Labors of Likeness: Photography and Labor in Marx’s “Capital.”

Daniel A. Novak, 2007. Labors of Likeness: Photography and Labor in Marx’s “Capital.” Criticism 49, 125–150.


This essay provides a new technological and discursive context for Karl Marx’s
theory of the laboring body and reproduction, and in doing so, seeks to change
the way we read Marx’s relationship to visuality, photographic reproduction, and
mechanical realism.

In the most general sense, critics have distanced Marx and Marxist theory from the camera—variously defined as a product of (and having produced) a form of naïve realism and empiricism, bourgeois ideology, or faith in the machine rather than the human. Marx’s famous description of ideology as offering a picture of social relations “upside-down as in a camera obscura” serves as a common and useful starting point for such an argument.

From this point of view, photography, with its claims to “empirical” and “objective” representation would only embody what Marx seems to reject.

[refs Kracauer]


To intervene in this conversation, in which Marx seems to both correct the way we see the world under capitalism and critique the reliance on vision itself, // this essay offers a simple but important proposition; namely, that Marx’s critique of commodity production and bourgeois ways of seeing is actually aligned with, rather than in opposition to, the discourse of photography—a seemingly “empirical” and technological vision.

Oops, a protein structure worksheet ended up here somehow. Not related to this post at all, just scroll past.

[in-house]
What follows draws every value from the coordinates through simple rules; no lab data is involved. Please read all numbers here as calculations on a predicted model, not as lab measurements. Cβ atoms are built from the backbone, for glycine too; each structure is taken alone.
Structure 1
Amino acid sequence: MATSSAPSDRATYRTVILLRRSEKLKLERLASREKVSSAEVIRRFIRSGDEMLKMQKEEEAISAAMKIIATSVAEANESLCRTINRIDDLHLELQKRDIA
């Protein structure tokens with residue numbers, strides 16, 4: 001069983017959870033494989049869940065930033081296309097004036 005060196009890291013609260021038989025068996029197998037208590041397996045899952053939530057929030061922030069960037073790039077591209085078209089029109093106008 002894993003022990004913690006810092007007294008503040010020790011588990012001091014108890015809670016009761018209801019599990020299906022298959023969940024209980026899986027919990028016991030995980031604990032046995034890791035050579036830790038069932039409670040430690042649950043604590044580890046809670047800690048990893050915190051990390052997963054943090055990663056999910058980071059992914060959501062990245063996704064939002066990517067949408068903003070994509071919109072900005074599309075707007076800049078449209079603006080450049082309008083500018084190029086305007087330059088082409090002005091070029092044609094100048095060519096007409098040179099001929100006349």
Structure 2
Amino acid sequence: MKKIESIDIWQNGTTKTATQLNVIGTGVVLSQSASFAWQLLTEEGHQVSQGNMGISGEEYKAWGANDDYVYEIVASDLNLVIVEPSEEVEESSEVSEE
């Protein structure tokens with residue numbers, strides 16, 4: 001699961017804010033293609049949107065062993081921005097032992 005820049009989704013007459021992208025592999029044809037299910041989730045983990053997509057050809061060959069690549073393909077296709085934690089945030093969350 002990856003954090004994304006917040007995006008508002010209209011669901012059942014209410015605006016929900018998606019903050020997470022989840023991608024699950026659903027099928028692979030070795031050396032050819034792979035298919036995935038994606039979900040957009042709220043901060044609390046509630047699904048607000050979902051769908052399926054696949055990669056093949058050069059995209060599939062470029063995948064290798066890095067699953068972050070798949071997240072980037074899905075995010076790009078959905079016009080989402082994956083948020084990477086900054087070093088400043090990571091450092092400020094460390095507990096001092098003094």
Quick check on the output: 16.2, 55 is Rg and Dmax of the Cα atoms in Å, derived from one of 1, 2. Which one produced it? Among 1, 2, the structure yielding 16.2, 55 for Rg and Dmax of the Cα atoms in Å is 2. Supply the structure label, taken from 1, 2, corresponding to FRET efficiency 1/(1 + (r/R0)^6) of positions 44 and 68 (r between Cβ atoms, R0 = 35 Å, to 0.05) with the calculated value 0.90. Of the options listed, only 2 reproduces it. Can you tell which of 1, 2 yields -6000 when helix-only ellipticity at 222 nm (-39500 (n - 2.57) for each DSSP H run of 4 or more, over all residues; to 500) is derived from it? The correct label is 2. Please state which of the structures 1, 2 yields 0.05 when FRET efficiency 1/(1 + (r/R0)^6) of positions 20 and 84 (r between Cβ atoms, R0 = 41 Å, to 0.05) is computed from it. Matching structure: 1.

Responding to the new medium, both consumers and producers used tropes of alienation, anonymity, fragmentation, and abstraction to describe the effect of being captured by the photographic lens.

In this way, we can read photography not merely as a “secretion” or product of capitalist practices, but rather as a medium for analyzing such practices. And as I will show, Marx’s reading of the laboring body is not a repudiation of mechanical reproduction or “empirical” vision, but rather an engagement with a wider nineteenth-century conversation about the impact of visual technology on the body and identity.

Moreover, reading Marx through such an engagement with the discourse of photography complicates how we read the conceptual and economic climate in which Marx wrote his critique, as well as how we read that critique itself. That is, if Marxist discourse is anticipated by the language of photography itself, how does this change how we read Marx?

In order to begin to answer this question, my focus will be fairly narrow—
resting on two specific and interrelated tropes that we find both in photographic
discourse and in Marxist analysis. The first of these is bodily fragmentation and

Marx describes the process of production as a form of artistic bodybuilding—one that mechanically “takes” pieces of bodies and puts them together. Given the mechanical or technological character of both taking and “binding” these bodies, Marx’s description recalls the art of photography more so than other visual mediums. [Capital vol 1]